Economists have gone terribly wrong in recent years. From not figuring the fallout of 2008 crisis to European troubles to Brexit to Trump victory and so on. Name it and most likely the outcome has been opposite of what economists had suggested before or at the time of the event.
In India, things are no different. We keep getting things on GDP, inflation wrong most of the times.
However, another emerging aspect is the huge politicisation and polarisation in debates over Indian economy. Earlier, debates on economic issue were whether you are for or against the policy/decision and so on. Now any such economic discussion has become whether you are for or against the government.
- First obviously is the one serving/ supporting the running government.
- Second is those econs which served/supported the previous governments. (Then there are some who have moved from one list to the other rather fluidly but let us ignore them.)
This is such a terrible way to divide economic thought and discussion in the country. The ones in the second camp have been there for a long time and were once ridiculed and criticised by the first camp. It is funny (and irritating) to see the first camp now defend the very things which they ridiculed (like queues, rationing and so on) not very long ago. Same with the second camp which once defended these ideas and now criticises them.
It is high time we move beyond this political partisanship of economic ideas. The onus is much more on on the first camp. It is their advice or lack of it which matters. Just like the onus was on the second camp to guide the previous governments in which they mostly failed, the onus this time is on first camp. There is no getting away with this important difference which is often ignored.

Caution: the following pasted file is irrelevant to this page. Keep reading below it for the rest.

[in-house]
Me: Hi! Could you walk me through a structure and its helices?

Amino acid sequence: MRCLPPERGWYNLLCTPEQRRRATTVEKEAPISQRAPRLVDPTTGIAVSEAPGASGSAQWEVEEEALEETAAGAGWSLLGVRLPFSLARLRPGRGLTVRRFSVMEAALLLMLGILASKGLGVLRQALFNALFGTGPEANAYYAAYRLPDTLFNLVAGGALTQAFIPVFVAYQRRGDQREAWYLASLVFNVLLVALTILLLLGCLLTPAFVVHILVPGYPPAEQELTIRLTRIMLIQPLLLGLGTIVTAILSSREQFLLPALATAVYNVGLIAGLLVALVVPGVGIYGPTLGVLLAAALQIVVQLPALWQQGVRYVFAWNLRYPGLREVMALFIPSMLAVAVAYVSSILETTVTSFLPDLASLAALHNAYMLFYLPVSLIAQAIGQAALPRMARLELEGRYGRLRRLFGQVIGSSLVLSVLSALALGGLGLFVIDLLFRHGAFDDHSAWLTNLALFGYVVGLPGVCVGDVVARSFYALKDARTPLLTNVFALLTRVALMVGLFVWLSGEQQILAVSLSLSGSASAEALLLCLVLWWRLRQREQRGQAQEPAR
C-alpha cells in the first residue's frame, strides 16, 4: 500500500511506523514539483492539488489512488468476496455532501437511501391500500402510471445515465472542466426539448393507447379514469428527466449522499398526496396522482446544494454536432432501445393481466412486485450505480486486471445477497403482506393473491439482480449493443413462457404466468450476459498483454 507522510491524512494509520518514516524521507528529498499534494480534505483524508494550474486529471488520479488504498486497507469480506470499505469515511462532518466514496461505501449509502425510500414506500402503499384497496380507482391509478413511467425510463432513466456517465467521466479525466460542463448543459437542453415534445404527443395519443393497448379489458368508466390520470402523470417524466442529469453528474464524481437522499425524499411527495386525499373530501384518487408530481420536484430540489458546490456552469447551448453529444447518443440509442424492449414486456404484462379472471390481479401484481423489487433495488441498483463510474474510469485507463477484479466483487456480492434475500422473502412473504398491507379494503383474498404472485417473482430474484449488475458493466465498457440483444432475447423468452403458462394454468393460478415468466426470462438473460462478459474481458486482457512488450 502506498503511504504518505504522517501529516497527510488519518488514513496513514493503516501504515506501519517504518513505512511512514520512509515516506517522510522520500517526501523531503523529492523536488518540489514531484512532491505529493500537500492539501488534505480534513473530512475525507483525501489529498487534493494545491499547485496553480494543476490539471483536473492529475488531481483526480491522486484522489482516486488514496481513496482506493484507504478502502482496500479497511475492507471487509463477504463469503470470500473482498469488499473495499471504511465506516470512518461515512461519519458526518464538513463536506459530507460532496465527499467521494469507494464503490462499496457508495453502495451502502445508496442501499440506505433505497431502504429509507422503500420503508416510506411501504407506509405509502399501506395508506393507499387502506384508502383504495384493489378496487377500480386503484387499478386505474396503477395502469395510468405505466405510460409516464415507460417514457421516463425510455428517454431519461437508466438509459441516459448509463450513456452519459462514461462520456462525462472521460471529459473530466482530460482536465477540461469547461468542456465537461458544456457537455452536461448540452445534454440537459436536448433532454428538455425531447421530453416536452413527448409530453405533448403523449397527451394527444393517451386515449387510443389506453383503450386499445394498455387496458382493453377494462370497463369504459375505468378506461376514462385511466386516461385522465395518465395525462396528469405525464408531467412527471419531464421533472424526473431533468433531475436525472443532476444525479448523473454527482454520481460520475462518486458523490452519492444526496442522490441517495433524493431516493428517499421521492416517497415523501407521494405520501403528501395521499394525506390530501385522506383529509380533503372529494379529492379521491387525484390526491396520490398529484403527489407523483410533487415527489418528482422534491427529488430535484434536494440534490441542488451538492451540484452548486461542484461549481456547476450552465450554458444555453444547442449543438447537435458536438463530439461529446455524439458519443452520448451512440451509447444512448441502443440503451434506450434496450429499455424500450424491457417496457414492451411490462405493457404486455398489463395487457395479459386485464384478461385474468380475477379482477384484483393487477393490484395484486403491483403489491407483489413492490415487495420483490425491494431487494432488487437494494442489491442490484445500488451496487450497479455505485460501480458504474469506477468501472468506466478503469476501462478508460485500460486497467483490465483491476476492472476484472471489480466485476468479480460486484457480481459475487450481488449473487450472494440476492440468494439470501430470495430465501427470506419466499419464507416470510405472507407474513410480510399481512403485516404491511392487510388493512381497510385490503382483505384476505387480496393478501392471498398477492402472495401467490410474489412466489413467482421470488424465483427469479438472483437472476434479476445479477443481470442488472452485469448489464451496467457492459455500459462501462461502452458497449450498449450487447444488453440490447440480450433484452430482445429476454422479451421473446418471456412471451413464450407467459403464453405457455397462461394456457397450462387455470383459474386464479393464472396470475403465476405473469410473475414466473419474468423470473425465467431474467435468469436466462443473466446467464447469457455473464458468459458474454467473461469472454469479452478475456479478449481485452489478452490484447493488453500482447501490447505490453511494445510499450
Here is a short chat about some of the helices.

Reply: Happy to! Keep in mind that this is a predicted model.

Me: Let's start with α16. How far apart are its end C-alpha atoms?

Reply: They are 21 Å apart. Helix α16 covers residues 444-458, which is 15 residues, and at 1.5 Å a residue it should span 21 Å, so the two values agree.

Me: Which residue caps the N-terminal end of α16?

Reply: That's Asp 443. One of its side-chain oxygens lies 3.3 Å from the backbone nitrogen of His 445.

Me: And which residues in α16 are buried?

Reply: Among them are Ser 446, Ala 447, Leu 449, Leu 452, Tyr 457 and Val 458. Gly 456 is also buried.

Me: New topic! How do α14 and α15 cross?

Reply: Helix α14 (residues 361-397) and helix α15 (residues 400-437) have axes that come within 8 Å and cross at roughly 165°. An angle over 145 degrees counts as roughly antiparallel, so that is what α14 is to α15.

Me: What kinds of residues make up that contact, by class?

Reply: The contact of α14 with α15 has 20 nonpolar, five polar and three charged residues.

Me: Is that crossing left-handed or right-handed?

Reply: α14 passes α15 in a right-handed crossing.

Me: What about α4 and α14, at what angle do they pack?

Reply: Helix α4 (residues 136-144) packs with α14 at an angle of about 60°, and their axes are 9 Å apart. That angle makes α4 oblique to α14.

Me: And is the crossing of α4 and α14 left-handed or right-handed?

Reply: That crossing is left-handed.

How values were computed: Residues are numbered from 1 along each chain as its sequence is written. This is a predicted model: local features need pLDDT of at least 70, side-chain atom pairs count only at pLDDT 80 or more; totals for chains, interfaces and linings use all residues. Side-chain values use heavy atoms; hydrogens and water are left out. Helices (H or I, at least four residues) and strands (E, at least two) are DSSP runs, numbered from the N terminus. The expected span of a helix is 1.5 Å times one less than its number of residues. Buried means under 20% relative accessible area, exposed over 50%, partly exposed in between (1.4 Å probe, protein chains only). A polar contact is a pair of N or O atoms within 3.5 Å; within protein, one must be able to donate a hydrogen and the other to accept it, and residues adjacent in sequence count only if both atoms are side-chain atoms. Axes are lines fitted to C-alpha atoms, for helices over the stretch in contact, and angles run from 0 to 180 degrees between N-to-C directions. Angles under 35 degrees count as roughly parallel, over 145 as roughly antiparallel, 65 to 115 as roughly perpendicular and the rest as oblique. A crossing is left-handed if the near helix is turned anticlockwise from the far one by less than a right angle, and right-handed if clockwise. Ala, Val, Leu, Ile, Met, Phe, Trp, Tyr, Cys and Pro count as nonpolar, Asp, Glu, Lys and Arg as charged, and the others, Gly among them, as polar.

So each time they write an article on a government policy (like this one), they should sincerely ask themselves – would they have supported this move if previous governments had done this? If the answer is yes then only there is a point in writing the article. Otherwise there is no point. If the idea is to support whatever be the economics, the piece can be written by anyone from the Government without “the so called economics background“.
The Governments should also allow healthy dissents from their economic advisers, though the area should be of their expertise. Otherwise why even appoint them? Most of the time, politics and economics go in opposite directions. Eventually, politics wins but it is the role of economic adviser to lay out the pros and cons diligently before the political masters and citizens.
At present, nothing of this sort is happening. So much so, we now have people writing about quackeconomics followed by the government advisers.
On a broader picture, one is again asking following basic questions- What is the role of an economic adviser in the government? Should governments really one? Should economists pitch themselves for a govt role (as it happens so much in India) and be seen as part of a political camp?